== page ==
Debbie and Ruth and Ruth

My Girls

This is a picture of my wife Debbie and our four daughters. I took the picture last summer in the Redwood forest in northern California. Next to Debbie is Becky, who is now seven, Livvy, who is now four, Ruth, who is 15 and Abby (11). I am blessed to have a wonderful wife and four beautiful daughters. Debbie and Ruth are on a retreat this weekend. They traveled to the Oregon coast to stay in the Prayer Lookout at Twin Rocks Friends Camp at Rockaway Beach. I am home with the other girls.

My bible study friends Dave, Torey and Troy came to our house this morning so that I could participate in the study without leaving the girls alone. We have been reading the Book of Ruth. Last time, we read the first chapter in which Ruth told Naomi, her mother -in-law,

16″Don’t urge me to leave you or to turn back from you. Where you go I will go, and where you stay I will stay. Your people will be my people and your God my God. 17 Where you die I will die, and there I will be buried. May the LORD deal with me, be it ever so severely, if anything but death separates you and me.”

Wonderful words and a wonderful story of commitment. Just as wonderful are the words of Boaz, found in the second chapter, which we read today. Boaz not only allowed Ruth to glean in his fields, but commanded his men not to harm her or embarrass her. He ordered his workers to put some of what they had gathered down in front of Ruth so that she could gather grain more easily.

It is somewhat hard for me to grasp the significance of these events and words since their culture is so much different than mine. I find it hard to understand how very counter-cultural it was for Ruth to abandon her home country, her kin and her gods to follow Naomi. It is also hard to get a handle on how different Boaz must have been then many wealthy landowners who would have believed it was quite appropriate for his servants to humiliate, harass and even rape a young foreign woman who was not attached to a man and who was scrambling in the grain fields to gather up enough so that she would not starve. I do realize that in both the person of Boaz and Ruth, we learn of individuals who were willing to go beyond their own traditional view of community and be bold and generous enough to reach out to those who were different than they were.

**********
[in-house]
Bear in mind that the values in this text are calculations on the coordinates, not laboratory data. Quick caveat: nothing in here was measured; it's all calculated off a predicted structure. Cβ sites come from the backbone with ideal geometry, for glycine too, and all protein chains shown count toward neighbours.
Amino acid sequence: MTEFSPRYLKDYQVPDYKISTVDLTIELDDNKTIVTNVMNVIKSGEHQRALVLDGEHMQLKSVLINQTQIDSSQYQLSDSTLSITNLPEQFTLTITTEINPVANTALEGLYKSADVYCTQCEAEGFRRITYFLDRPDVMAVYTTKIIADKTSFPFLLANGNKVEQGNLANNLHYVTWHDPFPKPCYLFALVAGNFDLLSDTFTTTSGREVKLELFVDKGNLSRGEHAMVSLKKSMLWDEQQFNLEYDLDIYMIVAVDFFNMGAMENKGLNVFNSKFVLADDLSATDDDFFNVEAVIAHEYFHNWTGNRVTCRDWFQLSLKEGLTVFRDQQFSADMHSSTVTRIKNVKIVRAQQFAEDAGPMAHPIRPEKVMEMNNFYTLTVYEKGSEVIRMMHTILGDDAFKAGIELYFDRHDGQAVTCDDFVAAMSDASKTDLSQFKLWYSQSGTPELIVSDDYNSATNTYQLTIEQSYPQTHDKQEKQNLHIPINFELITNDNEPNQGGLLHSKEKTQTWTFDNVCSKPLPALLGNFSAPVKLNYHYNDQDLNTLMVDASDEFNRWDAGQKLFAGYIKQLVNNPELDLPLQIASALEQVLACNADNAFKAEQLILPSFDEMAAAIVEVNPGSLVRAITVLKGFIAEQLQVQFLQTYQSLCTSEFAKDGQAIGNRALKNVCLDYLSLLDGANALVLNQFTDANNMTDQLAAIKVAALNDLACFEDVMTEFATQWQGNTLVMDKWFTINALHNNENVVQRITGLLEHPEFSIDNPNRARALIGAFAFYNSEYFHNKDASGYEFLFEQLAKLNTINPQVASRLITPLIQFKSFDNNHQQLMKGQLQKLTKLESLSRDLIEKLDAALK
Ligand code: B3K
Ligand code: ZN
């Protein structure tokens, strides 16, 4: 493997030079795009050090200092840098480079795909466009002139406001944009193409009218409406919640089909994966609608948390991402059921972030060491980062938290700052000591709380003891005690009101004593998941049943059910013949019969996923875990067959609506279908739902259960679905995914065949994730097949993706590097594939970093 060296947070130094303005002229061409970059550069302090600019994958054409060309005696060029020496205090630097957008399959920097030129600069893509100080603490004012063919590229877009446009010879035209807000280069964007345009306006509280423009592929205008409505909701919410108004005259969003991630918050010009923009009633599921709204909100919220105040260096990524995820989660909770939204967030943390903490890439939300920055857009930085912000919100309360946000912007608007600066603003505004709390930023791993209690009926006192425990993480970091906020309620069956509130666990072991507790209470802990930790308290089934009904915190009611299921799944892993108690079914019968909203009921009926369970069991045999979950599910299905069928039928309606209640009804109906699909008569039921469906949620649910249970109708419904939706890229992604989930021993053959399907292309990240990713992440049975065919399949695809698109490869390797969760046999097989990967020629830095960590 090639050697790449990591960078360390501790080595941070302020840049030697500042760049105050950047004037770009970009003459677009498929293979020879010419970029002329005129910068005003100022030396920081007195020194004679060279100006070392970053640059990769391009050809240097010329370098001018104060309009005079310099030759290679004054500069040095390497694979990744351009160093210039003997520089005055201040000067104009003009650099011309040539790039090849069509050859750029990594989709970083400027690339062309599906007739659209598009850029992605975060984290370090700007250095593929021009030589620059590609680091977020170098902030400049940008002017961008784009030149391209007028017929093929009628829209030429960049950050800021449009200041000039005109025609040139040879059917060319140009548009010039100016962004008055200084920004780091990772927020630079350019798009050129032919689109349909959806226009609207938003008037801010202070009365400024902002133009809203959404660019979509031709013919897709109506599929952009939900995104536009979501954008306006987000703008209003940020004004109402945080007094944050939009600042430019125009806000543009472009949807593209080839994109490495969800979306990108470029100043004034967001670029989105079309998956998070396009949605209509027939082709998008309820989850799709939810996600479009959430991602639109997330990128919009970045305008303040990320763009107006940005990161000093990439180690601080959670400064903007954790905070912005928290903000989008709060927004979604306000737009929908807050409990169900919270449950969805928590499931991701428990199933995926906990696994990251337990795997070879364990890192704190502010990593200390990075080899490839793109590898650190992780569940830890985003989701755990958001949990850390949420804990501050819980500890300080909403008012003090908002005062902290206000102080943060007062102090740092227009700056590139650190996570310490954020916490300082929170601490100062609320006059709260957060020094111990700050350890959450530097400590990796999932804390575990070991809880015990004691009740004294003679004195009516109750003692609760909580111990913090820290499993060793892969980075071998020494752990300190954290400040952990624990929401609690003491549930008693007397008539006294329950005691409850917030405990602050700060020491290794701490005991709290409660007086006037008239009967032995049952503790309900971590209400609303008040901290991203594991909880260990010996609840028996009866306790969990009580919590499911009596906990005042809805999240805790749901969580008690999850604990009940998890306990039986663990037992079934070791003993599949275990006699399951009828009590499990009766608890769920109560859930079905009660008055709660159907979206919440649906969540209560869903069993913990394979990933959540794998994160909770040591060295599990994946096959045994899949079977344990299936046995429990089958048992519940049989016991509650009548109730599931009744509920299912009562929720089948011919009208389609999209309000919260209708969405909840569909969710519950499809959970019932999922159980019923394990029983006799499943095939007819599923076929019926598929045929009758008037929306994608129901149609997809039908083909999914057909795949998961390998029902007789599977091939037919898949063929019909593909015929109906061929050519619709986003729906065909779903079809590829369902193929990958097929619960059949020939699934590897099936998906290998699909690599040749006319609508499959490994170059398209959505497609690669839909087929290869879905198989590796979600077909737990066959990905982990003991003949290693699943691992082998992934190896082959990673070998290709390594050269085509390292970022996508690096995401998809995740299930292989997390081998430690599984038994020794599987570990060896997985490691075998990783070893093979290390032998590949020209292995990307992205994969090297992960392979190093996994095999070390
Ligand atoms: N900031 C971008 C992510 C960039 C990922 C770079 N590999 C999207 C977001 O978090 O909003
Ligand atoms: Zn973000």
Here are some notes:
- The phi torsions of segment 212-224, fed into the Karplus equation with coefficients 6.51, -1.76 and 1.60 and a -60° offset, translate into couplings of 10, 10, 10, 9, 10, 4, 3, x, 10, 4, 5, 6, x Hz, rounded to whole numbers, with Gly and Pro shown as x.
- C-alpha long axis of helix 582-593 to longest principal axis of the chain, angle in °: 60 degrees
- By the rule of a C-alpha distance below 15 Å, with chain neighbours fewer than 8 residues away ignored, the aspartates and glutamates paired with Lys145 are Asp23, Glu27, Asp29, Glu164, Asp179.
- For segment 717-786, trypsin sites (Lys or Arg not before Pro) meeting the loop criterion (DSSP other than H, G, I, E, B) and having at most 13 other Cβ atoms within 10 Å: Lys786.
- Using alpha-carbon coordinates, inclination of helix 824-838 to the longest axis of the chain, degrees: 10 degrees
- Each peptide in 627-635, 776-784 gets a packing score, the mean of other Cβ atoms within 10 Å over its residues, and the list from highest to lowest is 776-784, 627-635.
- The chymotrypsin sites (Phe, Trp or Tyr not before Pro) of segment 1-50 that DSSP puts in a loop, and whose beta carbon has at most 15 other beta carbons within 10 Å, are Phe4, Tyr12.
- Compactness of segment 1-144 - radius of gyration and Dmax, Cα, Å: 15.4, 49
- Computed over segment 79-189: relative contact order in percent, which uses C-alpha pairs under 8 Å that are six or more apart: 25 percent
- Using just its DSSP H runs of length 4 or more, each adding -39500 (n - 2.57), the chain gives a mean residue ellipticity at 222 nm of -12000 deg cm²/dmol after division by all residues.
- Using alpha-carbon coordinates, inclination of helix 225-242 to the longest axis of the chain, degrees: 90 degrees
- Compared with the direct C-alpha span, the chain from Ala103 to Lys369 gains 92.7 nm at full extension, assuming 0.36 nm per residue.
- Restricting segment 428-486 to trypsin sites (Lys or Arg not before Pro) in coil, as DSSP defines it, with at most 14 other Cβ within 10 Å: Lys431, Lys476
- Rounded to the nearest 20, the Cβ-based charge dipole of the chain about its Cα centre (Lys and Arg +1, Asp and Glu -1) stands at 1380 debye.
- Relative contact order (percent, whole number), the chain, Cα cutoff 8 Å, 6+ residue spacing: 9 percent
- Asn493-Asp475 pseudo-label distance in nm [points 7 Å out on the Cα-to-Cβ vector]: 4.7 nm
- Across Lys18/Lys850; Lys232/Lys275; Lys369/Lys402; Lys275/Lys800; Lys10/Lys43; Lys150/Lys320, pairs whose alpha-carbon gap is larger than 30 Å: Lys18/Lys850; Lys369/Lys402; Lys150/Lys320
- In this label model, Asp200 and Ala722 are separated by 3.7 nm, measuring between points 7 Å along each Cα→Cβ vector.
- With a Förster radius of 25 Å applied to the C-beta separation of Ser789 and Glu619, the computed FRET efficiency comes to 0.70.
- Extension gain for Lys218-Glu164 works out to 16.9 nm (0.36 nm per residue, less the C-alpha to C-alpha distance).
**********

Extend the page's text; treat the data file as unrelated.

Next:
How willing am I to go beyond “acceptability” to extend a hand of love and generosity to others? Its easy to be friendly around those who are like me. Is it quite as easy around those who are quite different? I was reminded of this during our Friends worship this morning in Second Life. If you unfamiliar with Second Life, I encourage you to read a blog entry from my friend Ruby who shares briefly about the experience of meeting for worship in Second Life.

I won’t go into details at this point. I would just like to state that I am learning to appreciate and accept a much broader range of “otherness” in Second Life, as our meeting for worship has a diverse group of people. And, we are sitting and listening together and looking for ways of expressing care and concern as we move forward in establishing a community or friends in Second Life.

Regarding community, I want to recommend a fine piece by Timothy Travis, a Quaker blogger from Portland. His piece on community can be found here.

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Explore posts in the same categories: Faith, Family, Second Life

3 Comments on “Debbie and Ruth and Ruth”

  1. Ruby Says:

    Thank you for the heads-up on Travis’ piece on community, and thank you for sharing some of your thoughts about worship this morning.

    We have a “Livy” at home rather than a “Livvy”. Yours looks like quite an adorable young lady!

  2. Scot Says:

    Ruby,
    thanks for visiting here. I will see you on Monday at 8:30.

  3. Ruby Says:

    See you then!


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